The Departments of Homeland Security and Commerce released an update to their ongoing work to address botnets, automated and distributed attacks on the internet, which threaten the nation’s internet infrastructure.

The president issued Executive Order (EO) 13800, “Strengthening the Cybersecurity of Federal Networks and Critical Infrastructure,” in May of 2017. The EO called for “resilience against botnets and other automated, distributed threats” and directed the Secretaries of Commerce and Homeland Security to lead a process in line with this effort.

“This progress update demonstrates a robust effort across the entire ecosystem, and we expect this work to continue,” said the status update, dated July 28, 2020.

One of the “highlights” of the effort, according to the update, is the National Institute of Standards and Technology guidance for Internet of Things (IoT) device manufacturers, published in May, which define baseline cybersecurity capabilities that manufacturers can voluntarily adopt for IoT devices.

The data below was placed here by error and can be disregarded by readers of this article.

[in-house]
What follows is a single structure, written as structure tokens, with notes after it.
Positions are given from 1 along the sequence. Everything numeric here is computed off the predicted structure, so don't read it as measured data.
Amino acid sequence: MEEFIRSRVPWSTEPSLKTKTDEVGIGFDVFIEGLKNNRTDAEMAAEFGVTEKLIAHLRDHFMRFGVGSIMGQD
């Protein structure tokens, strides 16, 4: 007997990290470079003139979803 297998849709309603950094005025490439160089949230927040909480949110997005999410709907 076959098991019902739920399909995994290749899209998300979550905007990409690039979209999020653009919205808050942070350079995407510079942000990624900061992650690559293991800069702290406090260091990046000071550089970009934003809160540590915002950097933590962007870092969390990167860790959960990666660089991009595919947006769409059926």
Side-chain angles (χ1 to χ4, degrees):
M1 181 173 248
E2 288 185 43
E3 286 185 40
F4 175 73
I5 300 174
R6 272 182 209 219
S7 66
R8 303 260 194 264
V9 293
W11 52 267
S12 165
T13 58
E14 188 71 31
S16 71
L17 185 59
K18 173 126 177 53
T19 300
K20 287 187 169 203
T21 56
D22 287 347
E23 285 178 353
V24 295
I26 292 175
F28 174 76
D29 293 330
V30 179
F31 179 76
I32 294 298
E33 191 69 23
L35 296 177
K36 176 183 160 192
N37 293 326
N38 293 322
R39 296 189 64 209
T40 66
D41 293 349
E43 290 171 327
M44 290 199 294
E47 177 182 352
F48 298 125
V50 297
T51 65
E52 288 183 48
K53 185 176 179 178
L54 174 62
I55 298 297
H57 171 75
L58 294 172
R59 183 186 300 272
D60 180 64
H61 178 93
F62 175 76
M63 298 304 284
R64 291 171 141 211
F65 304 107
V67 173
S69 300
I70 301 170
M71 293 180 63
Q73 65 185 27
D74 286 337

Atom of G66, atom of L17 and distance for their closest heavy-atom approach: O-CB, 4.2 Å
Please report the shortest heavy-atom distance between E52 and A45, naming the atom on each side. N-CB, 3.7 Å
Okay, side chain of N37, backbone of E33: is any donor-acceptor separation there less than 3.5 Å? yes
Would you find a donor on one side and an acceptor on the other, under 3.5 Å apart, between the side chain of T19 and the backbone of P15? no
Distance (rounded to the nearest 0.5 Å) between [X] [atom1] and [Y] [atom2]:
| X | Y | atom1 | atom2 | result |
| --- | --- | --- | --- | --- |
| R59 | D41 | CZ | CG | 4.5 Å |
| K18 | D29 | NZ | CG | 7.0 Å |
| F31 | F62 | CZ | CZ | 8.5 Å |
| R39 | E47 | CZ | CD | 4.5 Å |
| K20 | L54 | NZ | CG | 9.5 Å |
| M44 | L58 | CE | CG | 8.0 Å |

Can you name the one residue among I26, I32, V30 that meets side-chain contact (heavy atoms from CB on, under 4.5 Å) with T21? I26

“Botnets remain a significant threat,” the status update said. “Current malicious applications of botnets remain relevant, and attackers continue to devise novel nefarious applications.” One such application of a botnet came in 2016 when a series of distributed denial of service (DDoS) attacks utilized botnets to overwhelm the website of the Australian census, causing it to be temporarily shut down, according to the country’s government.

“The problem of automated, distributed attacks requires action, coordination, and the harnessing of innovation across government and the private sector (including industry, academia, and civil society),” the status update said. “The U.S. Government, nor any other single entity, can attack the botnet problem alone.”

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Dwight Weingarten
Dwight Weingarten
Dwight Weingarten is a MeriTalk Staff Reporter covering the intersection of government and technology.